Post Fringe Ponderings

The final performance (for now) of The Fall of June Bloom (or What You Will) took place at 7 pm on Sunday night, 3rd April, at the Phoenix Fringe Festival. The house was just over half full, but it seemed more, it’s such a tiny venue Space 55. It only seats around 36-40, and a few empty seats here and there don’t seem to matter.

The big guns were in. David Barker, Professor of Acting at ASU, and two guys from the Fringe Festival.  Angela (our director for the Phoenix production) brought her mother, and Zack, the MFA student who had been at the VASTA conference in 2009, the one who suggested that the production would be a real treat for students if presented to them as a lecture, had come along all primed to come up when invited to do a short passage from a Shakespeare monologue. Sadly, when the moment came, I completely forgot to invite him up! Sorry, Zack!

One thing that has been relatively consistent throughout all the performances, both in Brisbane and in Phoenix, has been audience engagement.  For the most part people laugh, smile, or listen intently. The Phoenix audiences were larger than in Brisbane – I don’t think we ever had more than 12 people in the audience in Brisbane, whereas we had 15 to 25 in Phoenix, and in a smaller space so they would have felt less exposed.  The Phoenix audiences were also much more prepared to look me in the eye, and to respond. I could look at just about anyone, and they would look back, whereas in Brisbane many people (especially non-actors) either avoided eye contact or refused to maintain it.

The difference at the final performance was that David Barker, who arrived about 10 minutes late and sat in the front row, just looked at me impassively throughout the whole performance.  He never smiled (that I noticed), nor did he ever give any indication that he was interested in the discussion, or the ideas expressed.  This only became truly relevant to me when I met him the following day at the Phoenix Film Festival schools workshop.  He came up to me and thanked me for working with Lauren (one of his students), asked me how she was to work with, and whether I had written the script. That was it.  In my book, that is code for “I didn’t like it much, and your performance did not appeal to me either”. He probably only came because of Lauren, which is fair enough, and was only interested to check that I hadn’t been taking advantage of her, or teaching her bad habits.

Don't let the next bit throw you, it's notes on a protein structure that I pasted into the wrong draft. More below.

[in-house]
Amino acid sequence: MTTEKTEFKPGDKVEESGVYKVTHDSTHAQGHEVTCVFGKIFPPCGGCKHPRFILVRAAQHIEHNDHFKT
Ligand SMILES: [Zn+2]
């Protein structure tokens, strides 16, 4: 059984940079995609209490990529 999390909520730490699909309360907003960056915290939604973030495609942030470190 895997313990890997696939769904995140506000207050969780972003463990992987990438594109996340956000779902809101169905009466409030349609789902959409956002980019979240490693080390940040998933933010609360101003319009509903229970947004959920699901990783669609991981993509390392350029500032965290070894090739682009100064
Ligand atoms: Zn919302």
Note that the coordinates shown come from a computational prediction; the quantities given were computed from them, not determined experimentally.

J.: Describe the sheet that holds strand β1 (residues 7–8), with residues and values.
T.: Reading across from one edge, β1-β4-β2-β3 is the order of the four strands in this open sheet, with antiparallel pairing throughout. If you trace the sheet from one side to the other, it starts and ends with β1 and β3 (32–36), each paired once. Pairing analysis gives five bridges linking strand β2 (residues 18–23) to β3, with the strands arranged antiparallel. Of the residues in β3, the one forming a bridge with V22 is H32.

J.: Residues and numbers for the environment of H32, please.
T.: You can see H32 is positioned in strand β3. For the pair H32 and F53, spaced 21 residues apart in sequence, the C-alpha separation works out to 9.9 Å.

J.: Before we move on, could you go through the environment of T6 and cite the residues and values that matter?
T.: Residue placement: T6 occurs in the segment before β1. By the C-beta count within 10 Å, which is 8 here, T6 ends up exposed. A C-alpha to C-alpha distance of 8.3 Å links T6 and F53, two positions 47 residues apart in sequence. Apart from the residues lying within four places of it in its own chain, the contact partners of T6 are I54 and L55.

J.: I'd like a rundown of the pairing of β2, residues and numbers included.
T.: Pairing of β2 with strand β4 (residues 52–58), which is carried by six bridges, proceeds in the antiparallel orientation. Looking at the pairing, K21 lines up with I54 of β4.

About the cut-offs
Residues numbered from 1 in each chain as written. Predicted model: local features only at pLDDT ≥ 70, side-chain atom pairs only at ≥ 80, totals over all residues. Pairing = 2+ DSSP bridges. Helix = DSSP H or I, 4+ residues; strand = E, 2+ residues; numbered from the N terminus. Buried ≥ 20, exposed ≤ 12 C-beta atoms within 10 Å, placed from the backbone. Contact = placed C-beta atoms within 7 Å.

So there you have it.  All the people who stopped me on the way out after each of the three performances to thank us effusively, to congratulate both Lauren and me on our performances, to admire the production and the ideas expressed just evaporate into the “foul and pestilent congregation of vapours” that hovers, uninvited, close by, while the one mean-spirited response (or lack of) lights up like a ‘brave o’er-hanging firmament fretted with golden fire”.

What IS that?  You’d think I’d be able to control it better, after all these years.  I claim to be non-competitive yet I am unable to accept being anything less than the best there is. I know I’m not, by a long chalk, but I keep on hoping that somehow, some day, I will suddenly emerge as this great actor!  Of course, I work at it. I don’t expect to get any better at it without actually putting in the hard yards, doing the training, exploring, experimenting, engaging with the craft, developing my skill set.  The problem seems to be an old one. I get above myself. I don’t realise I’m doing it until I find myself being cut down to size.

From New Album 14/03/11 2:21 PM That’s Angela Giron, me and Lauren Dykes, the Phoenix division of Thunder’s Mouth Theatre.

So what does that mean – to get above myself? How is that even possible?

I think I am playing the good old Aussie game of hunting down the Tall Poppy. The rules are that nobody must stand out, or appear to be higher, smarter, richer, prettier, or anything-at-all-er more than anybody else. If they are, they must be cut down.  I refuse to play this game against other people, but boy am I terrified of being perceived as being a Tall Poppy myself!  Hence my real claim to fame, my actual expertise that qualifies me as a genuine Tall Poppy, is in the area of self-sabotage.  I’m the Best!